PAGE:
– ‘Your country?’ Asks the man on the bus.
– ‘Svizerrland!? Ooh. Why you are not staying there?’
– ‘I am staying there. I came on holiday to visit some friends. I used to live in Pune.’
– ‘Ooh, so you are just tourist, then!’
– ‘Well, er…’
That was a week or two back, on the overcrowded bus which was finally taking me down to E-Square to see Ek Haseena Thi. I’ve always hated being associated with ‘tourists’, in India or elsewhere.
Tourists come to see, not to share. They watch the world outside from cozy A/C boxes. They are impolite, they don’t know how to dress or behave, they can’t eat the food or find their way around without a map. They see what they are meant to see, stay in places specially designed for them, and buy things in shops that nobody else would buy. They have money, lots of it.
In some ways, I have to admit that I am indeed a tourist. I take lots of photographs. I buy loads of stuff in shops to bring back to Switzerland for my enjoyment and that of others. I don’t really keep an eye on what I spend, I eat in nice places, I go to the cinema as often as I like.
But on the other hand, I much prefer trying to share the life of ‘normal’ people or just walk around the town I’m staying in, rather than sleep in expensive places and do the things that only the tourists do.
I like people. I do my best not to turn them into objects. I like everyday life. I like soaking in the atmosphere of a place or time.
I’m very suspicious of other foreigners I come upon in India. I kind of assume that they are not like me, more the ‘hippy-dippy’ type, as Aleika and I used to call them. Some sort of anti-tourist snobism, in a way.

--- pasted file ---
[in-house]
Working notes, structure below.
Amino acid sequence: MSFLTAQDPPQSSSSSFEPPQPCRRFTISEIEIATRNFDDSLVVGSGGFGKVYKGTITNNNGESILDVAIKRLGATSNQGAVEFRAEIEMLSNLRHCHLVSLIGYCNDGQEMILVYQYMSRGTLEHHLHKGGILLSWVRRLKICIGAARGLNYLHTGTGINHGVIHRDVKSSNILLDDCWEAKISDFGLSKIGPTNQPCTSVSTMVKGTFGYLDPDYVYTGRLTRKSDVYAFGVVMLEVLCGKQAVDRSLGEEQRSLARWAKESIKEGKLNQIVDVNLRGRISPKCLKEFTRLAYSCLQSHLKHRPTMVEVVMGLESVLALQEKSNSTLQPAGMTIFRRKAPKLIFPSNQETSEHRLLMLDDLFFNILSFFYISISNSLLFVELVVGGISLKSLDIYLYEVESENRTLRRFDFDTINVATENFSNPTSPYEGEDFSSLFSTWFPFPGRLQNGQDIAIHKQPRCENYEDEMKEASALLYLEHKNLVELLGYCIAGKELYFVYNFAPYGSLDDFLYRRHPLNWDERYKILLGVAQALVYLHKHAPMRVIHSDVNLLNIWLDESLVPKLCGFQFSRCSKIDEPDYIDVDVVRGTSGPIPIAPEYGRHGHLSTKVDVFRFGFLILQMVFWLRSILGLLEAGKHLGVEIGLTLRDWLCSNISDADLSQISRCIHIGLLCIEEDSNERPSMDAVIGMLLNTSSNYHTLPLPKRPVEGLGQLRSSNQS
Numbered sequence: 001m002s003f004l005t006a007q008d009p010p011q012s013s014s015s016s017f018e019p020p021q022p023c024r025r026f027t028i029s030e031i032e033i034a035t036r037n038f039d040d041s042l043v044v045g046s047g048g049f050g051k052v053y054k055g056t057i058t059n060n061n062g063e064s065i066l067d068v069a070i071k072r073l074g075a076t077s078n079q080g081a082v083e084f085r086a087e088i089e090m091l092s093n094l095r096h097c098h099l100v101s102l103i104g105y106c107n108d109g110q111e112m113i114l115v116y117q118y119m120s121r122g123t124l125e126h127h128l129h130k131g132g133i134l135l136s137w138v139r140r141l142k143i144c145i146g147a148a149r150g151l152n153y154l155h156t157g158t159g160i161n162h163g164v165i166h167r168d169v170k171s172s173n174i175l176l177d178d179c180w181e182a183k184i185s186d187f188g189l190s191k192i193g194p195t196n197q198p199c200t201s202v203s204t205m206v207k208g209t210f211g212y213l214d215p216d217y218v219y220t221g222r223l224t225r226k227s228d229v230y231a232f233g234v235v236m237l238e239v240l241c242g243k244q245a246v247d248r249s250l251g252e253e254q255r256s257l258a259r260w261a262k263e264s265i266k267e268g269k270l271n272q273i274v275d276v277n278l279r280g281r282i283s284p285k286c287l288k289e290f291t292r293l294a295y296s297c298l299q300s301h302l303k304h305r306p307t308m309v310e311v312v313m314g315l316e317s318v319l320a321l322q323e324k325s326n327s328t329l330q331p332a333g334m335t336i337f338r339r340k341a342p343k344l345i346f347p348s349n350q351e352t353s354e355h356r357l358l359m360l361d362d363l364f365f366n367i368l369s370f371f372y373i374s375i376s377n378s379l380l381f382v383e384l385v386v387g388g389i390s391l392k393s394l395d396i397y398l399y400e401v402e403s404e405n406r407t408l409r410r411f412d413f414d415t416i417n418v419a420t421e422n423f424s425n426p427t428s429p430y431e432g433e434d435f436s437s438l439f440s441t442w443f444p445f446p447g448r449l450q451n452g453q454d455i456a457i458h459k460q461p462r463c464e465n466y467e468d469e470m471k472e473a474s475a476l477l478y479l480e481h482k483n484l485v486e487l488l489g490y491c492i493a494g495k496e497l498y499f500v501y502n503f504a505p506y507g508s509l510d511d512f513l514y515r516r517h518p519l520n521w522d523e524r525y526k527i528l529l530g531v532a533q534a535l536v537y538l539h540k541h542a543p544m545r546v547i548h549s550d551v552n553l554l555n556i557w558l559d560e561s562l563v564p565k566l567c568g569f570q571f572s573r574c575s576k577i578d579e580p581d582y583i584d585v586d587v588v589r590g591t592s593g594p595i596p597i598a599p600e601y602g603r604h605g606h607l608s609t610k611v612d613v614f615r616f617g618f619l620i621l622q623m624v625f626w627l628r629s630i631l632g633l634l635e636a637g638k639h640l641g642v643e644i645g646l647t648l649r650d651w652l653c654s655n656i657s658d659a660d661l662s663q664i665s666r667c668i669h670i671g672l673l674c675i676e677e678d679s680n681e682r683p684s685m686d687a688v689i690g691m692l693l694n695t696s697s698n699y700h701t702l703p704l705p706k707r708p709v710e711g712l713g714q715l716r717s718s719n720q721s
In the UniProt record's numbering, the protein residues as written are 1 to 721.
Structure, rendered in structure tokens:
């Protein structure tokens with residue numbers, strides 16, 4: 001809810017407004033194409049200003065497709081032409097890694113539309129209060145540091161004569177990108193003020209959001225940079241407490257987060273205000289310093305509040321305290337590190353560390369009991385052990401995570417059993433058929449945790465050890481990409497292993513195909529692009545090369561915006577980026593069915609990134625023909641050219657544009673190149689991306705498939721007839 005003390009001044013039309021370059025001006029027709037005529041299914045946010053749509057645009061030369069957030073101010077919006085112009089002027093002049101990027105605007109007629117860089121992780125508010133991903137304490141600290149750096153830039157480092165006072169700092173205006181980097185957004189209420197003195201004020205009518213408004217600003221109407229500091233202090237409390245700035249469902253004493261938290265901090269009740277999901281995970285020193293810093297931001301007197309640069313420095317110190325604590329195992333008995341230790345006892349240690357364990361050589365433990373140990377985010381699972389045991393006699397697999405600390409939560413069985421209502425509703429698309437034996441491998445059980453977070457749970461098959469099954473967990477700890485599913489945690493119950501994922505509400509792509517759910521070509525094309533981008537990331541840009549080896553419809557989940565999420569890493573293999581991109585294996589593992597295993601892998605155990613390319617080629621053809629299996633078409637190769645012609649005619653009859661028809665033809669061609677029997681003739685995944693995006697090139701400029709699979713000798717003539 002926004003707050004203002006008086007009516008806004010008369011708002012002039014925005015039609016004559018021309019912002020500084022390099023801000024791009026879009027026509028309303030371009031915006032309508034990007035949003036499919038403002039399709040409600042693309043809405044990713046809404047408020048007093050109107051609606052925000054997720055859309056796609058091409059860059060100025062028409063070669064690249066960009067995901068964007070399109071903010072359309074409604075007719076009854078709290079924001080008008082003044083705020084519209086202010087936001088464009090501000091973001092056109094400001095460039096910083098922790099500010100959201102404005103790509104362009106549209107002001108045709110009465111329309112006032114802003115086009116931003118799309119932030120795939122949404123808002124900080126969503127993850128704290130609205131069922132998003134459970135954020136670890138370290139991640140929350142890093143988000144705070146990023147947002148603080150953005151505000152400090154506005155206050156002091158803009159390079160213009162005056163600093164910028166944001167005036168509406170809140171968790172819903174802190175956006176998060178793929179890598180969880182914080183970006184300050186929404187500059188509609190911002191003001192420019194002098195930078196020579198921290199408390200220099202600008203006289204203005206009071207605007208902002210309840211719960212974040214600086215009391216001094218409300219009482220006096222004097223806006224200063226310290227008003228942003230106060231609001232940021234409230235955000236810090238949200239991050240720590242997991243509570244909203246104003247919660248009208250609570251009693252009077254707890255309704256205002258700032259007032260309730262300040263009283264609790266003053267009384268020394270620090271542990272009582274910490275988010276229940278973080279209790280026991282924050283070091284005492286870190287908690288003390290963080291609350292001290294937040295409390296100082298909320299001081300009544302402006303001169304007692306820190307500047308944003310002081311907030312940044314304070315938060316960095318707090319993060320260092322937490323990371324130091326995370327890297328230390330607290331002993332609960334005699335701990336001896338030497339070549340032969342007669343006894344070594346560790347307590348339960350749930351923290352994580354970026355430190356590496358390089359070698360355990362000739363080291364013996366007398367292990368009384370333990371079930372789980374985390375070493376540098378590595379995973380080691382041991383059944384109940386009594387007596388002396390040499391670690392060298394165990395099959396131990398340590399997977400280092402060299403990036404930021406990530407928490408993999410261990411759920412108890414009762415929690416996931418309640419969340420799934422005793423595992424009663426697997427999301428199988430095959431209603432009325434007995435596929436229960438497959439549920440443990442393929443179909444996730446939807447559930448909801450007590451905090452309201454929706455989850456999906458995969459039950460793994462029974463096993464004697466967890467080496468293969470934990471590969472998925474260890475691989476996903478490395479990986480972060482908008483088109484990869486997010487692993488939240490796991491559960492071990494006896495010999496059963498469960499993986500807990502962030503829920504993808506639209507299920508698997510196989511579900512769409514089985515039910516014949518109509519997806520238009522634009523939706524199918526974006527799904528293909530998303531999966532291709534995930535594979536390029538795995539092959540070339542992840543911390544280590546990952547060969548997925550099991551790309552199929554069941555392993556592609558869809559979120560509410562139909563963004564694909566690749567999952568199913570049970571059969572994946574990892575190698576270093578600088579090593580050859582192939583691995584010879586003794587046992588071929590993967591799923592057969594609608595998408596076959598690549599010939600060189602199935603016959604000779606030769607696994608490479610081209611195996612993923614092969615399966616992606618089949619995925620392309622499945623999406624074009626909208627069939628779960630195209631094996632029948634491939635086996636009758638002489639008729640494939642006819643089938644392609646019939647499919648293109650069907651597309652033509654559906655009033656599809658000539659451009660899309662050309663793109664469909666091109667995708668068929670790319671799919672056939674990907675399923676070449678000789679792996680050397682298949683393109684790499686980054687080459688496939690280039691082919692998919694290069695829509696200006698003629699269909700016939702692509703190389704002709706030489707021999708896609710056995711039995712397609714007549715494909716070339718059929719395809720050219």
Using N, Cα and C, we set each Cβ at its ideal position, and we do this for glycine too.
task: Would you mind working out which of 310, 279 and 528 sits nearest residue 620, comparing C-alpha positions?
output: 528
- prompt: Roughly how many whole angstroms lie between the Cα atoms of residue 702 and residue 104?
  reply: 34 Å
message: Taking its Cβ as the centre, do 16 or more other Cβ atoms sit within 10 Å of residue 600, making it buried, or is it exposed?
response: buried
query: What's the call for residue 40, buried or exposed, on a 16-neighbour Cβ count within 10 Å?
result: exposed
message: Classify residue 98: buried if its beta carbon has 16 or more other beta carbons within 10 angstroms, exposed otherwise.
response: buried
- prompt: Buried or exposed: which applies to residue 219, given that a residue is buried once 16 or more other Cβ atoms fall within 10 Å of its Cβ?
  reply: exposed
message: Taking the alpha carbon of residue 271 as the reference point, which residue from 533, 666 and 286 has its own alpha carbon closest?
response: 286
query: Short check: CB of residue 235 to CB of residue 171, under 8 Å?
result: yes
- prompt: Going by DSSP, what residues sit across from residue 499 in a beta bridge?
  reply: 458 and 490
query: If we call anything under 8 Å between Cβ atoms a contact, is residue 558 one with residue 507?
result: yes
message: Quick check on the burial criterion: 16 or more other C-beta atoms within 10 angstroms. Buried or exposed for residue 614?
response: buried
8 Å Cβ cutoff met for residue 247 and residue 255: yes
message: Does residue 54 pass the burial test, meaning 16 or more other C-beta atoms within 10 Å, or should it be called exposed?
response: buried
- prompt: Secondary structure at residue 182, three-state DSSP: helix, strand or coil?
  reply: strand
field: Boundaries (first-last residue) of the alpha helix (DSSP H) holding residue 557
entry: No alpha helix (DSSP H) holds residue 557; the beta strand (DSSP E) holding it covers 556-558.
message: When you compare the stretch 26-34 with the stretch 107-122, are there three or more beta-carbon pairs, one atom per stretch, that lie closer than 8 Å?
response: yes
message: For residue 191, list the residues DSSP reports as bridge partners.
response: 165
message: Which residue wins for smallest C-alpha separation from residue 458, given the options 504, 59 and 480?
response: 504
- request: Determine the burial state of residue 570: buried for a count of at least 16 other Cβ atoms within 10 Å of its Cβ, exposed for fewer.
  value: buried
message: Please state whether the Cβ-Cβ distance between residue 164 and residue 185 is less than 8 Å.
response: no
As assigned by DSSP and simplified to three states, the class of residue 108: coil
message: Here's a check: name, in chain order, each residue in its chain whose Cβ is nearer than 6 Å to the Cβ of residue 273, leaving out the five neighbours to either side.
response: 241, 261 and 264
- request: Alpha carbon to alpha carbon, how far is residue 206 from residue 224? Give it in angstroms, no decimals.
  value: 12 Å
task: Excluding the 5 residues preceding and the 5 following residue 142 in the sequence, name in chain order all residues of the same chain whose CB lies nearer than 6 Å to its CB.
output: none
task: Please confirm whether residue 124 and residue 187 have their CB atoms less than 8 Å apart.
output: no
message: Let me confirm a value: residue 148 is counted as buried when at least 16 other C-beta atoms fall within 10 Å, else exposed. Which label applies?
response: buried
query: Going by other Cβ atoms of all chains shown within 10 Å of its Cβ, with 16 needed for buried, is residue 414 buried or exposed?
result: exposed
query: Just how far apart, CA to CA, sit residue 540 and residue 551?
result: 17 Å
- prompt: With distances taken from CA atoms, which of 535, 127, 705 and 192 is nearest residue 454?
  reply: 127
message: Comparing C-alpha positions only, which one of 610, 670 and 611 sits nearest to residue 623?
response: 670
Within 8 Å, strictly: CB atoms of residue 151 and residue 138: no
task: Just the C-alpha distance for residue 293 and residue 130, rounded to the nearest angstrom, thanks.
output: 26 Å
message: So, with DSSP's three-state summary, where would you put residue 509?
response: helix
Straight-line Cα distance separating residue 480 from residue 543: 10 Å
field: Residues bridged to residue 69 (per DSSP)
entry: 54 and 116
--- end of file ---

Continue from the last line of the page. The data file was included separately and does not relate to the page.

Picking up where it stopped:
Of course, I’m wrong. Lots of foreigners in India are certainly nice people. I almost walked off for ever after saying hello to Aleika, mistakenly assuming she would be ‘at the ashram’. Quite a few of my friends from Switzerland or elsewhere have been to India, so they would therefore certainly have been ‘foreigners nice to know’ had I met them in India.
Ironically, I find myself looking at other foreigners with as much curiosity and maybe more questions as many Indians who see me walk by. Why are they here? What brought them to India? What are they looking for? How long are they staying? Do they ‘fit in’ or not in their home culture? What is their life like here?
The result is that I’ve had very little contact with other foreigners in India, and I’m aware that I’m probably passing by people who would be interesting to know. I keep myself ‘aside’, comfortably settled on a jute bag full of preconceptions and marked ‘Fab India, Pune’.
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